Islanders Mid-Season Report Cards: The Defense

Mar 7, 2013; Uniondale, NY, USA; New York Islanders goalie Evgeni Nabokov (20) makes a save in front of defenseman Travis Hamonic (3) and defenseman Andrew MacDonald (47) and New York Rangers left wing Carl Hagelin (62) and left wing Rick Nash (61) during the first period of an NHL game at Nassau Veterans Memorial Coliseum. Mandatory Credit: Brad Penner-USA TODAY Sports

Nearly halfway through the 2013-14 season, our beloved New York Islanders are not nearly playing at the level we had hoped for. They’ve struggled mightily, and quite frankly, they’ve been pretty bad at times.

If there is one single unit that the blame would fall mostly on, it definitely would be the defense for this team. While injuries have certainly affected the defensive corps, their play has not been very good this season, and it has cost them games on numerous occasions.

Looking at the situation positively, the defense has improved greatly from where they were as a squad just several weeks ago in that dreaded month of November. The blue line group was struggling in their own zone in November, and the Islanders’ loss column will show you that nicely.

The defense as a whole may be struggling, but there are individuals who have played well with this team. So with that said, here are your mid-season report cards for the New York Islanders’ 2013-14 defenseman.


In Case You Missed It: Vol. 1, Islanders Forwards Mid-Season Report Cards

Notable drop-outs: Aaron Ness

47-Andrew MacDonald40 GP: 3-12-15

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In his contract year, Andrew MacDonald has noticeably regressed. His staple of blocking shots is still there, as he leads the league in that category,  MacDonald has become vilified for the turnovers he’s committed. It’s been an inconvenience for him and the entire team, as some of his turnovers and poor judgement have resulted in some bad goals.

MacDonald has been victim of overplaying amidst injuries to key defenseman, which can partially be the reason his season hasn’t been great. His average time on ice has risen a few minutes from last season to now, as his TOI has gone up from 23:31 a game to 25:59.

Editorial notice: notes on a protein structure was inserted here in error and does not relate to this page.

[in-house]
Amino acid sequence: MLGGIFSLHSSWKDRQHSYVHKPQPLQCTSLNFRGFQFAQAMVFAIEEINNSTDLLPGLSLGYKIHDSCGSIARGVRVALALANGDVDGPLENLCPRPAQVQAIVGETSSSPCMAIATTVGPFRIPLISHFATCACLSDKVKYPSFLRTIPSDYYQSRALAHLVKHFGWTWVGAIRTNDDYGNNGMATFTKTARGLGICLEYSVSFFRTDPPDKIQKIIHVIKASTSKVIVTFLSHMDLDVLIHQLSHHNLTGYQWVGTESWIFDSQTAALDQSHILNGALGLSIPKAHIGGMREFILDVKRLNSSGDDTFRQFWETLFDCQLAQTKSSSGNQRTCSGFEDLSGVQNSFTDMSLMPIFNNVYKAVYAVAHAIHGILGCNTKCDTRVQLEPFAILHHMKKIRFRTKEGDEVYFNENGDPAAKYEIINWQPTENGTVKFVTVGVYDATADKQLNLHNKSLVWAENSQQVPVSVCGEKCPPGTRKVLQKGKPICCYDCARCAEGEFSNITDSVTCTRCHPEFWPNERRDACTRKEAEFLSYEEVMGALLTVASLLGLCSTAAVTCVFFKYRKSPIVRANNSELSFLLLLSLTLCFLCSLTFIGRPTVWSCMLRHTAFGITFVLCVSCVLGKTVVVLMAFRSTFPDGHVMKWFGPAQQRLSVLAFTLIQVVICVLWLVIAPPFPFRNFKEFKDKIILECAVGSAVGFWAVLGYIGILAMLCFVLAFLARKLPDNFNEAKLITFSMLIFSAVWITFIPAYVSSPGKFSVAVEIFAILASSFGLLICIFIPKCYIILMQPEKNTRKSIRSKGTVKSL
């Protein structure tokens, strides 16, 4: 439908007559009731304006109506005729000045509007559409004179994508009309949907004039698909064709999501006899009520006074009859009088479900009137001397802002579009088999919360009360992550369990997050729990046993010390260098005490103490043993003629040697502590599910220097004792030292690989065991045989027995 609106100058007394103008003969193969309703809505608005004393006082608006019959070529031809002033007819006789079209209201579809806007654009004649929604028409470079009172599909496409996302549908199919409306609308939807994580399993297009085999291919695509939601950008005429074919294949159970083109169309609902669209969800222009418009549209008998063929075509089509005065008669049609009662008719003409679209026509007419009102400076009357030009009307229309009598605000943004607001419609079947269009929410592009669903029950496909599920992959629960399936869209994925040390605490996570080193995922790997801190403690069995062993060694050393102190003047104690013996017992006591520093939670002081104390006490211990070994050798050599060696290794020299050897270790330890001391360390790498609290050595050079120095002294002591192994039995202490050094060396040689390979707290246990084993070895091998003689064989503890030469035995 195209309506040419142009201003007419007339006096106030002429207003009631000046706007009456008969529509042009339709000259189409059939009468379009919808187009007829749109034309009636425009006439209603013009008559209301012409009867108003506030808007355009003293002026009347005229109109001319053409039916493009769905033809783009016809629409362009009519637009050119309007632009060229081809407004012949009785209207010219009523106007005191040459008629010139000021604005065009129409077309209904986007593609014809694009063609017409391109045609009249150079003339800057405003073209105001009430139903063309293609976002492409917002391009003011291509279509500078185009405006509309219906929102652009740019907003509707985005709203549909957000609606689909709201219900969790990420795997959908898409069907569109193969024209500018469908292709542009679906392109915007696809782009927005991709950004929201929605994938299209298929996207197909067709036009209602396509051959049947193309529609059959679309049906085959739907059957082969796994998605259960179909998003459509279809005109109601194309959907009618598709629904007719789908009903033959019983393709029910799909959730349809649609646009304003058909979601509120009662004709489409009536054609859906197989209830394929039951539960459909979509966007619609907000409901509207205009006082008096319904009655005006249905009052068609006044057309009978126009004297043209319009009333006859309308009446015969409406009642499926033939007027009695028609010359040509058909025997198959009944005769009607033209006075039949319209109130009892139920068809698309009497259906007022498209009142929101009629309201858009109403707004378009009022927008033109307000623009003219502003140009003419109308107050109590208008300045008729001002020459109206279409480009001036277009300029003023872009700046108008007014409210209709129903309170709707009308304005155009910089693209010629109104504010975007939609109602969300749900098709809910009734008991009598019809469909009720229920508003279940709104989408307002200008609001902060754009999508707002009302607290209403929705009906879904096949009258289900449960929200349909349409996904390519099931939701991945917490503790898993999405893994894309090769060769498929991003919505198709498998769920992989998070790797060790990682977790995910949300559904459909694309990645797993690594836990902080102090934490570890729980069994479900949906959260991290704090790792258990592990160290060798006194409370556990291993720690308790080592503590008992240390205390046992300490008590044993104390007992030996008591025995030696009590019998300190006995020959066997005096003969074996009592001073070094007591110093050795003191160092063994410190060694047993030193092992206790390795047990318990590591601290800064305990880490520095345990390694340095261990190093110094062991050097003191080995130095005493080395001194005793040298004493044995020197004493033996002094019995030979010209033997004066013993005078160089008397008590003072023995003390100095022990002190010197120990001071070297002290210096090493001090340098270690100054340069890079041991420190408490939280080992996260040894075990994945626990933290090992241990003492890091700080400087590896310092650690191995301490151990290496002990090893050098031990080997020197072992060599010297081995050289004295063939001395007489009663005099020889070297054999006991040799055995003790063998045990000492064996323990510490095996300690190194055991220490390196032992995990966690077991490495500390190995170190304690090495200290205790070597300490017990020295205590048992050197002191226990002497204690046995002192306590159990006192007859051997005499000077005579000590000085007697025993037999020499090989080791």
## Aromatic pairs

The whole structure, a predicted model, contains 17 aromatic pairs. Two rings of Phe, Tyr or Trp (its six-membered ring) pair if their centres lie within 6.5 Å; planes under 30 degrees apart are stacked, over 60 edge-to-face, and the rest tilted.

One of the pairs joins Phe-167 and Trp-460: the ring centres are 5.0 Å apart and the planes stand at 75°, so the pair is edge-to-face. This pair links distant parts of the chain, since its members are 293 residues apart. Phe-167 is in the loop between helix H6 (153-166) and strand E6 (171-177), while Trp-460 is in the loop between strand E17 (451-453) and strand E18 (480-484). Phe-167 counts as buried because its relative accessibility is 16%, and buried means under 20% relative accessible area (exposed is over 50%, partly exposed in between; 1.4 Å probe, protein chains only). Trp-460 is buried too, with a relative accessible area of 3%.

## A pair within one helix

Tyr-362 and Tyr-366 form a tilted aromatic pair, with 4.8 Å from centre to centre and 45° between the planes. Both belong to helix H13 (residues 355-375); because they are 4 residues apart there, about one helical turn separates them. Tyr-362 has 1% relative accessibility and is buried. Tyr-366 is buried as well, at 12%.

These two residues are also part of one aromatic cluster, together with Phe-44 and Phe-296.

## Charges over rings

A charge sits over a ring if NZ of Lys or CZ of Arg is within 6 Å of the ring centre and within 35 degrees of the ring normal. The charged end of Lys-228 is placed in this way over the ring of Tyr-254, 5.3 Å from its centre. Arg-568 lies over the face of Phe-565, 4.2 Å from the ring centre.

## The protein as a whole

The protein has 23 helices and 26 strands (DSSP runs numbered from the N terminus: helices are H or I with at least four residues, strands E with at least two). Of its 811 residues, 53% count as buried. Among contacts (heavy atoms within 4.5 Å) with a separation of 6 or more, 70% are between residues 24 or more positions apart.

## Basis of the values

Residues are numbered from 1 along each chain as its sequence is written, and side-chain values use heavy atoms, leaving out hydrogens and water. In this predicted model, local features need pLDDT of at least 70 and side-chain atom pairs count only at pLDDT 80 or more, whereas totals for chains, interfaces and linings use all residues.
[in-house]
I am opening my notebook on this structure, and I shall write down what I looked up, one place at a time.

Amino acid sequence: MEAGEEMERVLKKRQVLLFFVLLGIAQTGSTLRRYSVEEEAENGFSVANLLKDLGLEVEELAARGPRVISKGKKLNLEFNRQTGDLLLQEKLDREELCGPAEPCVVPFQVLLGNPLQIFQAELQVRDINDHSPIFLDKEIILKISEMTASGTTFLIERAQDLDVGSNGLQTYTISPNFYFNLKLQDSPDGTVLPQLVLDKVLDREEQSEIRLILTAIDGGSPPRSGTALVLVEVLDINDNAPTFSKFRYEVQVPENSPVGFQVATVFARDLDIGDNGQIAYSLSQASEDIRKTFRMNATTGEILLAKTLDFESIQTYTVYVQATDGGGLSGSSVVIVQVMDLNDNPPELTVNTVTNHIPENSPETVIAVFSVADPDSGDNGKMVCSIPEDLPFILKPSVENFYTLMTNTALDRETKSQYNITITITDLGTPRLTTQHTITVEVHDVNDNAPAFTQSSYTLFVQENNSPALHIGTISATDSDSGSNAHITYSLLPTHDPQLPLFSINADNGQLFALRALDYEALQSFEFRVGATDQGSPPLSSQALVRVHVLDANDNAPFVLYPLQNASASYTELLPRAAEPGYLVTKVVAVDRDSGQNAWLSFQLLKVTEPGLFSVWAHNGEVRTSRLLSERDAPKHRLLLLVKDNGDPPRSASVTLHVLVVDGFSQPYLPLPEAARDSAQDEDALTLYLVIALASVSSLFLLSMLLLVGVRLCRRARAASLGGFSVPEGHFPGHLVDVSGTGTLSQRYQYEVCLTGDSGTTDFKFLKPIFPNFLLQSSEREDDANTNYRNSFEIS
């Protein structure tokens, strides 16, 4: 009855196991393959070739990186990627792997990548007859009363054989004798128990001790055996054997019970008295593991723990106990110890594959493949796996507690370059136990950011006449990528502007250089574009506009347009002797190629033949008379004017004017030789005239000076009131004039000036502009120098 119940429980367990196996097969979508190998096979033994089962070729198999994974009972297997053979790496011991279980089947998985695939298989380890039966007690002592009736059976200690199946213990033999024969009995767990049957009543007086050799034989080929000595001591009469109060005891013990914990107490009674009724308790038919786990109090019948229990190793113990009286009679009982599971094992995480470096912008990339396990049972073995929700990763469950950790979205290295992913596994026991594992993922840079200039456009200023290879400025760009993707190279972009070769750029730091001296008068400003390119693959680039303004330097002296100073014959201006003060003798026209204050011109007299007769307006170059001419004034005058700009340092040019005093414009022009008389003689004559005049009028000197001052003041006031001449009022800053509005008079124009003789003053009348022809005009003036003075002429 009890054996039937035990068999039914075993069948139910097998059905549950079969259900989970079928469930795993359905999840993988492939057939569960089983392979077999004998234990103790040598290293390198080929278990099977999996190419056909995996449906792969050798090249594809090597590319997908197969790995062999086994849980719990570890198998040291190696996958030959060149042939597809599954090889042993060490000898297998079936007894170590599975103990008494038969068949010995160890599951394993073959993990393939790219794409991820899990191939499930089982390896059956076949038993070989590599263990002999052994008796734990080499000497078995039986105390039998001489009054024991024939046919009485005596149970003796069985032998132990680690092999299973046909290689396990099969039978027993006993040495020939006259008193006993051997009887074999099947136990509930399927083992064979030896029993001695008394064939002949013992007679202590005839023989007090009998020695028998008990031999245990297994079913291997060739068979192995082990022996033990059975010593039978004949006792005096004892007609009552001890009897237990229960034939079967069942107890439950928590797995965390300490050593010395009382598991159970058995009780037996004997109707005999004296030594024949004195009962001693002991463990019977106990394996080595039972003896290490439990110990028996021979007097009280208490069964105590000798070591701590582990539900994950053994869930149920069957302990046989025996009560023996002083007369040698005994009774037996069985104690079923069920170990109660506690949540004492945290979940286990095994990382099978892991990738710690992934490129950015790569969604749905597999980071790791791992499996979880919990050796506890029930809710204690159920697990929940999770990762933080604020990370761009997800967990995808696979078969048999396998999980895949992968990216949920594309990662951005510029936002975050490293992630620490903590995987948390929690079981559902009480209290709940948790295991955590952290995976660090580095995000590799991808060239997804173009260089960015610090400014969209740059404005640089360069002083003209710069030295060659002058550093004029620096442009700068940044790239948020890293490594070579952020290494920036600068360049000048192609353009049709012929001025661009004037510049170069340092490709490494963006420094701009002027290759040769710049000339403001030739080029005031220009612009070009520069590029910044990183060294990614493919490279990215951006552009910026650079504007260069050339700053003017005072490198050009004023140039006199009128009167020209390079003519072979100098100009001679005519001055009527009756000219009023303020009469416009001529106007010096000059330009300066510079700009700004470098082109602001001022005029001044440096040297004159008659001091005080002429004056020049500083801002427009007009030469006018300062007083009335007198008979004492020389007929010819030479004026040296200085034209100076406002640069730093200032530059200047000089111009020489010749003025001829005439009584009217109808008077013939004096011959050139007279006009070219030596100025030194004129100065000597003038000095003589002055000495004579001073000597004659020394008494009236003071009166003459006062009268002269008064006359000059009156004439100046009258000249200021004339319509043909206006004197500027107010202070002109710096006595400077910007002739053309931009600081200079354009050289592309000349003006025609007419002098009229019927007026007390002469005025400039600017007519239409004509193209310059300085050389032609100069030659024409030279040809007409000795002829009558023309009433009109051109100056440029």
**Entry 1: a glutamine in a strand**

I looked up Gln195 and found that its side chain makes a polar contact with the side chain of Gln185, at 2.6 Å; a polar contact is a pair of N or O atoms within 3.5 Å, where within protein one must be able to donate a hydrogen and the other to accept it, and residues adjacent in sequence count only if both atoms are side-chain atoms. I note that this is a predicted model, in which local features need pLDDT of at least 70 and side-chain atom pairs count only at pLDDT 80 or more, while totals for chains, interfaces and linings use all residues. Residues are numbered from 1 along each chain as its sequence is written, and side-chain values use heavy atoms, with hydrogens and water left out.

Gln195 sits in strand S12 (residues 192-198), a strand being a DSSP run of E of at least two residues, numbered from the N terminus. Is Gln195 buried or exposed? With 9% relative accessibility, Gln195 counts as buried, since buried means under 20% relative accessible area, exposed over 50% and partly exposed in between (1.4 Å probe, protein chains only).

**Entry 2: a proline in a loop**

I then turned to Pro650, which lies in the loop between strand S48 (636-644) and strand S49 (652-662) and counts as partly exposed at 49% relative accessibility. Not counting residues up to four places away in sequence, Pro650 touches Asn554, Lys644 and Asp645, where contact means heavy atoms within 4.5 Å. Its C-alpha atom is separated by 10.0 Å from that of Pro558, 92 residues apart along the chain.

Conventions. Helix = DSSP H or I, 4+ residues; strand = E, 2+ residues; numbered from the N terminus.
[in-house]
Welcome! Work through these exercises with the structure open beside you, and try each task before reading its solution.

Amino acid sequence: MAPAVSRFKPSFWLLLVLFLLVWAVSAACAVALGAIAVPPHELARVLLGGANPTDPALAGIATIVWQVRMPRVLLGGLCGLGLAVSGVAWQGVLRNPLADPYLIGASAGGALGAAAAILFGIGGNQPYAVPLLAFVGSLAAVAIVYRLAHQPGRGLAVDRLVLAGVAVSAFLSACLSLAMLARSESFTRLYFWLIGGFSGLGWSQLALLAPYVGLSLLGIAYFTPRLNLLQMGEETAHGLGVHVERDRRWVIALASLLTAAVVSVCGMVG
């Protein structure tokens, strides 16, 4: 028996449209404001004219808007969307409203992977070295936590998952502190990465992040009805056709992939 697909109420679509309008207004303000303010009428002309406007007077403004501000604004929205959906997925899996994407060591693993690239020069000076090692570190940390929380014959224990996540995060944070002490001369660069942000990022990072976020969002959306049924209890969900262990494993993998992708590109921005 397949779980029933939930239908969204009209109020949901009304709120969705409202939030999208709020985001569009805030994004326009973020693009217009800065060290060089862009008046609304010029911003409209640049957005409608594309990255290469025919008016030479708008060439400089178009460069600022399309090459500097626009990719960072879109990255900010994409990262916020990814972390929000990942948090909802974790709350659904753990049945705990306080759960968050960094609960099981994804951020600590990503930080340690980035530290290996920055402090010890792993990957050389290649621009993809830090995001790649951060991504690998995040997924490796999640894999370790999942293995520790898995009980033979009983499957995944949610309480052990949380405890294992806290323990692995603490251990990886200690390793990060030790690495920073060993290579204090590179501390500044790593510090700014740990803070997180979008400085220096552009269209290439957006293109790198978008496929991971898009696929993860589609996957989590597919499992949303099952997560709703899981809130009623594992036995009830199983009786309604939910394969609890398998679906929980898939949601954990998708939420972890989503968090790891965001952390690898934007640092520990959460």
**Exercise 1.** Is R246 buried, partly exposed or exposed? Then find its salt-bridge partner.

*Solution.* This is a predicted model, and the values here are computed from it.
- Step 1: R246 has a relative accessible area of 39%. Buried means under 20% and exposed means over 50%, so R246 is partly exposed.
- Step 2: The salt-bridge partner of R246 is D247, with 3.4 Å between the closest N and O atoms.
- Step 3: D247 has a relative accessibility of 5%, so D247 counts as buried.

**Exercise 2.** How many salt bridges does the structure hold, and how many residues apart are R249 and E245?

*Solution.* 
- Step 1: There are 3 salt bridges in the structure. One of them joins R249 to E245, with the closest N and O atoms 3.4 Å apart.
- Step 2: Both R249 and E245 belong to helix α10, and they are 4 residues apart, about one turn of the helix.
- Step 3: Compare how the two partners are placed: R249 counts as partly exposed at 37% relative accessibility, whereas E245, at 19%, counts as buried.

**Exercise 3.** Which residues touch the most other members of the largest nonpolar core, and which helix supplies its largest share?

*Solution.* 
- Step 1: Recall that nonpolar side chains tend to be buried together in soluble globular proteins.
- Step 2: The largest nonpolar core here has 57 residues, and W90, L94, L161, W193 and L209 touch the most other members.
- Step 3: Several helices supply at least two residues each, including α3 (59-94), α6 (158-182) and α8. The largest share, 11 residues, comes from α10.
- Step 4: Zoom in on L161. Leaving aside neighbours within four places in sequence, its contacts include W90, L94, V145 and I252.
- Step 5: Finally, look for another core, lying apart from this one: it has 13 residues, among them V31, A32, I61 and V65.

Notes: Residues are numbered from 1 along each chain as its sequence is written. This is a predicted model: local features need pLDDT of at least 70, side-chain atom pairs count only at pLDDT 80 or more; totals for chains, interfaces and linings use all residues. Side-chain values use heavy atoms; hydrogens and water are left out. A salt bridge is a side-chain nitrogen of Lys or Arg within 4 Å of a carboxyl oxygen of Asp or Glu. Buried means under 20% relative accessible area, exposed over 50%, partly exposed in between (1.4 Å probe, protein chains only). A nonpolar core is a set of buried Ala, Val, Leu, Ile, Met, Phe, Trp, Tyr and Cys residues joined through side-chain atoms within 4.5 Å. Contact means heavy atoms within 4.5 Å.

Grade: C-, If you told me MacDonald would be a questionable resigning at the end of this season in October, I would’ve laughed in your face. However, looking at the situation now, it wouldn’t shock me if the Islanders decided to let him go and make room for one of their young prospects.

3- Travis Hamonic– 40 GP- 1-6-7

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Travis Hamonic, similarly to the aforementioned Andrew MacDonald, has had his share of struggles this season. After the best year of his career in the truncated 2012-13 season, he signed a 7 year contract extension with the Islanders, making him a member of this team for the foreseeable future. Hamonic had earned his contract as well, playing as the best shut-down defenseman the Islanders had.

Halfway through the 2013-14 season, Hamonic has struggled himself. He’s made some careless blunders this season, as his new style of jumping up in the offensive rush has backfired at times this season. Hamonic’s shut-down defensive style is how he plays best, and when he differs from that play, his game regresses.

Grade: C-, It seems fitting that the two struggling former defensive pair would receive the same individual game, as they’ve both taken steps backwards this season.

14-Thomas Hickey 40 GP: 2-7-9

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Thomas Hickey, the young waiver-claimed experiment from last season, proved to General Manager Garth Snow that he was worth a further evaluation.

At this point in the 2013-14 season, Hickey hasn’t  been great this season, but he hasn’t been terrible. His play is basically on par with where it’s been last season. Hickey has played his role well, and unlike most of the defense, hasn’t taken serious steps backwards.

Grade: C, Not to say Hickey is better than either MacDonald or Hamonic, but he’s performed right where he should be, and the same can’t be said about the aforementioned defenseman.

37- Brian Strait– 18 GP: 1-3-4